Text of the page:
Lane Luckie, KLTV, Tyler, Texas I couldn’t have imagined a more eye-opening week than covering the 30th anniversary of the fall of the Berlin Wall by sharing the stories of people who lived history. Any opportunity with the RIAS Berlin Commission is one of discovery and connections. I soaked up so much feedback, ideas, and knowledge from this world-class group of brodcasters from around the U.S. and developed new friendships along the way. Thanks to this reporting tour, I was able to gain a new appreciation of this watershed moment in modern history and the key players involved in the fall of the wall. Reading about East and West Germany or watching videos online places limits on your understanding of any topic. Adding the human element is essential to telling the powerful story of the Peaceful Revolution. Most importantly, this reporting opportunity gave our audiences in East Texas the opportunity to see historic places and meet people they otherwise may not. Since my first fellowship in 2017, Germany has called my name. There’s so much more to learn about one of America’s closest allies and the people who call it home. I’m so lucky RIAS continues to opens doors for personal and professional growth. Programs like these give me hope for the future of broadcasting and journalism, as so many people return home with a transformational experience just like mine.
Andrew Schneider, Houston Public Media, Houston, Texas The high point of the trip for me was the Saturday night festivities at Brandenburg Gate, when we had the opportunity to hear the incomparable Daniel Barenboim conduct the Staatskapelle Berlin in the performance of Beethoven’s Fifth Symphony. I also particularly enjoyed the briefing at Deutsche Welle and the tour of the Palace of Tears. More than any individual site or experience, though, I value the new friends I made. Many thanks, RIAS, for making this all possible!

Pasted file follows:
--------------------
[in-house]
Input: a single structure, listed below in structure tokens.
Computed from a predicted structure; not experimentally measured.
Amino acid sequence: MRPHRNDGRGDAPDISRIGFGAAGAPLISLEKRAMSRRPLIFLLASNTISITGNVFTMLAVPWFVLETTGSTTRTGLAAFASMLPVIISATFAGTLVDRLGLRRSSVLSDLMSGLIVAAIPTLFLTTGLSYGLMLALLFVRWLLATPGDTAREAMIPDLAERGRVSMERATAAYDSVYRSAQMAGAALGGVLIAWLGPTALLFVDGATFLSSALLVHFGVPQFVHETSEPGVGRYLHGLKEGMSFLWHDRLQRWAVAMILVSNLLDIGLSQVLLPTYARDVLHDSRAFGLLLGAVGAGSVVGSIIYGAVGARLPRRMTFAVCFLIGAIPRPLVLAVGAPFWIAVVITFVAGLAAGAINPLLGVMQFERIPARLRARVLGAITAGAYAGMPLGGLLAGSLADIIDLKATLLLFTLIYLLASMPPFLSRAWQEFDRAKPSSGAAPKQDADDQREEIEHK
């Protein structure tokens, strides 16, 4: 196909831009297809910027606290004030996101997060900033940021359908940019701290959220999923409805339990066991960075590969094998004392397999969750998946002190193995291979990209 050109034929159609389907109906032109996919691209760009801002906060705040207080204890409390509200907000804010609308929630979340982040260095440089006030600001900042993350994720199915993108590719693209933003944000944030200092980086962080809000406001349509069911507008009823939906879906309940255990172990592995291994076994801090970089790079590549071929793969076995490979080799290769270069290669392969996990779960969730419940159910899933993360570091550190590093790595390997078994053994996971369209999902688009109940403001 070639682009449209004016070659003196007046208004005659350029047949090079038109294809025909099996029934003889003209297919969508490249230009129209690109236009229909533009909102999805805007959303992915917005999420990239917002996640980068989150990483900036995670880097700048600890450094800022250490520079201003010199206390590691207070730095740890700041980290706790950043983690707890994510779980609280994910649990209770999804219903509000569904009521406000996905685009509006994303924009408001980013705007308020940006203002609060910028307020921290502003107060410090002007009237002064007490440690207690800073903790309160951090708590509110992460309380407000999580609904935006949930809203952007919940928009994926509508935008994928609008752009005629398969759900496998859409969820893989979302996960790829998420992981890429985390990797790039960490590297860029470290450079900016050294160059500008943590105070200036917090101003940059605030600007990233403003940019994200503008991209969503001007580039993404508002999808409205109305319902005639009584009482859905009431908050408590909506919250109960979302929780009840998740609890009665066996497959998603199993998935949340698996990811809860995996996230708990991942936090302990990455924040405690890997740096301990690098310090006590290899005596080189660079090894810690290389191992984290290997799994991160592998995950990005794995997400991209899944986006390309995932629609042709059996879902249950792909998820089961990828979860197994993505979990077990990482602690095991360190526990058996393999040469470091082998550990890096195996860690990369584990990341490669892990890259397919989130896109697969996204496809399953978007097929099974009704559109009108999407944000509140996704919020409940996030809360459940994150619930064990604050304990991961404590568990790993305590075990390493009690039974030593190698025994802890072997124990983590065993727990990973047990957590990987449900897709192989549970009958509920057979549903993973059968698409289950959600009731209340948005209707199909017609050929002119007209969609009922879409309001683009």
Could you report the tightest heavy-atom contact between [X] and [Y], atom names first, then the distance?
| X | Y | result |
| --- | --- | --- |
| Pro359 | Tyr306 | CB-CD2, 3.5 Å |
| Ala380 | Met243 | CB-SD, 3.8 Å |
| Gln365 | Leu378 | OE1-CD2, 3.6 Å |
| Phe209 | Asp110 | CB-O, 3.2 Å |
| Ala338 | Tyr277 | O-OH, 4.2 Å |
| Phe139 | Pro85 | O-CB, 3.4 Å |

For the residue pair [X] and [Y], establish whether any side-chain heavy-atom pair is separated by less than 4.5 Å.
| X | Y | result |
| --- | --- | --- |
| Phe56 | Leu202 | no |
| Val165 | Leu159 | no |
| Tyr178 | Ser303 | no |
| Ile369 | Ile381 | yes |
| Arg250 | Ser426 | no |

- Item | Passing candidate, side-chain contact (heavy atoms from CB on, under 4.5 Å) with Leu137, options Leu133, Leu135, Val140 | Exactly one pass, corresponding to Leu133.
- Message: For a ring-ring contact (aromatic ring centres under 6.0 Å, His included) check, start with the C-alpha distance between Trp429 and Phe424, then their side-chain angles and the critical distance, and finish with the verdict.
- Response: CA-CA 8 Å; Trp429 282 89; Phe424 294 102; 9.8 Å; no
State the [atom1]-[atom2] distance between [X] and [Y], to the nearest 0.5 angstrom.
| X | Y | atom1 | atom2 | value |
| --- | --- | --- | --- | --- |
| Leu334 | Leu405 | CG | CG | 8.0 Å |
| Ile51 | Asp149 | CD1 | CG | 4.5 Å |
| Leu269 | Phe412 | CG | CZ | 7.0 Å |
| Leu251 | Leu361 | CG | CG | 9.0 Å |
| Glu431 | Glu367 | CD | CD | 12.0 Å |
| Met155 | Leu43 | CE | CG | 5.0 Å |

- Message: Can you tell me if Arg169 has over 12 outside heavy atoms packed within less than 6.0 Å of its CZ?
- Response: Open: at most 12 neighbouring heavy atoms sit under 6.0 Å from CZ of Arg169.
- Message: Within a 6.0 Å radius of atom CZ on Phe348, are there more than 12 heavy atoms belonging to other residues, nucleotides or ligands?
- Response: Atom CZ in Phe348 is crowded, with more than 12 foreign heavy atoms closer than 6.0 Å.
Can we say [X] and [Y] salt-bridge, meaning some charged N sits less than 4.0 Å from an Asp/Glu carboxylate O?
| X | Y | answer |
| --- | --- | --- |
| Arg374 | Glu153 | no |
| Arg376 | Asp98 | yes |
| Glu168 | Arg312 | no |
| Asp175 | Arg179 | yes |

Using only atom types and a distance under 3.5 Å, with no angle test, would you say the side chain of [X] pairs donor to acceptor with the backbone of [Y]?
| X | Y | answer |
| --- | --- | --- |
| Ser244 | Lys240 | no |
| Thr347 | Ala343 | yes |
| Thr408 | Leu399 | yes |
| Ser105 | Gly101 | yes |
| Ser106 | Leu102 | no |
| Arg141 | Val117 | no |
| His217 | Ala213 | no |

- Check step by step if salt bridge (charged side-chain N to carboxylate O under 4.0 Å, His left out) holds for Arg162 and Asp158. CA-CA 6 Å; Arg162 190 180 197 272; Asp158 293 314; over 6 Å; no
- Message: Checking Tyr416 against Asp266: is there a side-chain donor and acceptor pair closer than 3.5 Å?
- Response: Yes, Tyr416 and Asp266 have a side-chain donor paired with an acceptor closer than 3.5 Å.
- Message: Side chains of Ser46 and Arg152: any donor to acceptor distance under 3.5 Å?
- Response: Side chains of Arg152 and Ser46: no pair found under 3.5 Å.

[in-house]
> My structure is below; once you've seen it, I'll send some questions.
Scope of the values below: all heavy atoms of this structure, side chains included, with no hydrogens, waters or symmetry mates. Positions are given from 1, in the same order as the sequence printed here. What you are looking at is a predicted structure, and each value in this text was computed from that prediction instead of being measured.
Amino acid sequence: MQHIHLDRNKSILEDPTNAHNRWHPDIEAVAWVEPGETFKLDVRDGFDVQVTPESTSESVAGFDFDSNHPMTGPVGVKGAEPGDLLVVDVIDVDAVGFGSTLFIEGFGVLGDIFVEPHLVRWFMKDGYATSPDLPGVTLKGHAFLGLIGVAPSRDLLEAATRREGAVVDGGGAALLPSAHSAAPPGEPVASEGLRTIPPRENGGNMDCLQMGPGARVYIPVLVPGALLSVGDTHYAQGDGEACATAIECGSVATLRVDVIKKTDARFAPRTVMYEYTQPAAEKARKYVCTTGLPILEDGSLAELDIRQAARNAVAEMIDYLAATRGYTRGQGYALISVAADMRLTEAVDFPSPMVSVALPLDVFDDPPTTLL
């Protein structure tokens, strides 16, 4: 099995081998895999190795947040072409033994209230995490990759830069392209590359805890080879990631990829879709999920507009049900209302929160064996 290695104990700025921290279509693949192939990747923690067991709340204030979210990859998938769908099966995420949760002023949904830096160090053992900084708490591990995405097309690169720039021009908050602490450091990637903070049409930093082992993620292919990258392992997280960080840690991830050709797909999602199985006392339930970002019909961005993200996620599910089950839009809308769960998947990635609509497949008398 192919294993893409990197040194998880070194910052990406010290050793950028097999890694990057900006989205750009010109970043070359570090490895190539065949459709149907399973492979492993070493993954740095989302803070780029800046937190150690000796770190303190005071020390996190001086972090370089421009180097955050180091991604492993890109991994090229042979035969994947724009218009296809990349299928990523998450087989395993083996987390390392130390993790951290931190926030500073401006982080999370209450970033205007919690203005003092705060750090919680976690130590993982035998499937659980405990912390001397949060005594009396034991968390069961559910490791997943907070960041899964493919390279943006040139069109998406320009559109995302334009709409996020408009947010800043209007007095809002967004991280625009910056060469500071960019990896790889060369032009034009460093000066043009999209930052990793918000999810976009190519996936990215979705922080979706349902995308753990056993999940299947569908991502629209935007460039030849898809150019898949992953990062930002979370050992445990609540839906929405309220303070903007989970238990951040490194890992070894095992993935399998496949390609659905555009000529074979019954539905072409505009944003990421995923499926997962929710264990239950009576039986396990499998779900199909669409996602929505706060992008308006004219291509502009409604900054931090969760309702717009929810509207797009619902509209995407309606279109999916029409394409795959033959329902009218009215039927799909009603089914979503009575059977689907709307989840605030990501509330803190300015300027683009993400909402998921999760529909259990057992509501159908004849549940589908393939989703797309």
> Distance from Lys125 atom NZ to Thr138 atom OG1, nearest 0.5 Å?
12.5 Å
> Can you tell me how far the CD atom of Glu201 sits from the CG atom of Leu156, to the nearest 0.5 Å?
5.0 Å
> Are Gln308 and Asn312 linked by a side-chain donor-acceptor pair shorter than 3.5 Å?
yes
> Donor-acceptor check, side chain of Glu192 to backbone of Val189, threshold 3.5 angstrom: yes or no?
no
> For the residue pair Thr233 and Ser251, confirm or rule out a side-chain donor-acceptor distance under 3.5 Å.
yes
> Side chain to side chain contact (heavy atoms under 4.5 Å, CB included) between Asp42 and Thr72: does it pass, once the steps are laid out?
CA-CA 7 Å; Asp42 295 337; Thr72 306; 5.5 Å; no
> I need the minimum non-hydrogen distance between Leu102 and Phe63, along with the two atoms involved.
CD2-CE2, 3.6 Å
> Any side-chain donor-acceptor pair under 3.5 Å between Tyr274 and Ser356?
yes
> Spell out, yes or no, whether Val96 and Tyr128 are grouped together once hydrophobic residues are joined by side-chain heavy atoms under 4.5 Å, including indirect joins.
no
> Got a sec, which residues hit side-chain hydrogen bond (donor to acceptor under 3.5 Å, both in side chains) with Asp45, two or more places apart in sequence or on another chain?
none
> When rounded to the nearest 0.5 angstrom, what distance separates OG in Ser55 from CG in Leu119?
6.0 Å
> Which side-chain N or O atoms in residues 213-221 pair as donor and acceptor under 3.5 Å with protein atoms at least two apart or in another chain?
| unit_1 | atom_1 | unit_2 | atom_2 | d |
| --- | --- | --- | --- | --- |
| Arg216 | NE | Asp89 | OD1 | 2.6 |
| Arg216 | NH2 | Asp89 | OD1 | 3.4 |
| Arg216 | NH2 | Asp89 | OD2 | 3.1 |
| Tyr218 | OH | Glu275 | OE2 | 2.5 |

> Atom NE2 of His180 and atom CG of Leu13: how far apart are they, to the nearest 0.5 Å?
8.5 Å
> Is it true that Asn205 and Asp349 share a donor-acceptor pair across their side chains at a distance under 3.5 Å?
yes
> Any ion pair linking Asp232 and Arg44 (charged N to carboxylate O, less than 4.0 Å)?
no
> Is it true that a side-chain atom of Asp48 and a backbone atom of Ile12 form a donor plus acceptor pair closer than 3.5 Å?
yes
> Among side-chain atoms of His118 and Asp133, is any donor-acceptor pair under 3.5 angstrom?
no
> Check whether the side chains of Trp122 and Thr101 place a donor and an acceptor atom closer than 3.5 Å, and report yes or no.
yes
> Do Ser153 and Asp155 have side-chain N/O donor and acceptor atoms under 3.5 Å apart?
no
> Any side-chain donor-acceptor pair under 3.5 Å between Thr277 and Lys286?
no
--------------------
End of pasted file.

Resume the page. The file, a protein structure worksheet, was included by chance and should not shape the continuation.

Chas Henry, National Radio Network, Washington DC Before learning of the 2019 RIAS Foundation alumni program in Berlin, I had already planned a series of #MauerFall30 reports for the 900 affiliates of the Westwood One radio network. The opportunity to join in such RIAS-arranged events as the tunnel tour — and particularly the federal government-sponsored remembrance at the Tränenpalast — allowed me to expand the project into a half-hour audio documentary set for WWO-affiliate broadcast over the coming Thanksgiving week. Foundation staff were unfailingly helpful in arranging contacts I would not have been able to make on my own — and to point me toward archival media that will help me better tell the story of the wall, and Germany and Europe post-1989. I am exceptionally grateful.
Christine Dobbyn, KTRK-TV ABC Houston, Texas It was great to be back in Berlin for a special program during the 30th Anniversary of the Fall of the Wall. The speakers and program provided fantastic context on the anniversary along with the current situation in Germany politically, socially and economically. Coming back again was a unique opportunity to gain additional perspective, renew old journalism friendships and gain some new ones!
Scott Saloway, Yahoo Finance, New York My time on RIAS in 2017 was life changing, and being able to return in 2019 to witness the 30th anniversary of the fall of the wall was also profound. I learned much more about the history of that remarkable event, plus the attitudes that still exist today between East and West. I am grateful to have had the opportunity!
Stephanie Wolf, Colorado Public Radio, Denver, Colorado It’s an incredible gift to get to take time off from the daily news to be a student of history and geopolitics. I’m so grateful RIAS has provided that opportunity for me twice. The alumni program was particularly special as 30 of us U.S. journalists got to witness an important moment for Germany and Eastern Europe, the 30th anniversary of the fall of the Berlin Wall. From conversations with journalists to hearing the mayor’s address to partaking in the weekend’s festivities, RIAS assembled an informative and engaging program. Most of all, I come away from the program with new friends and connections.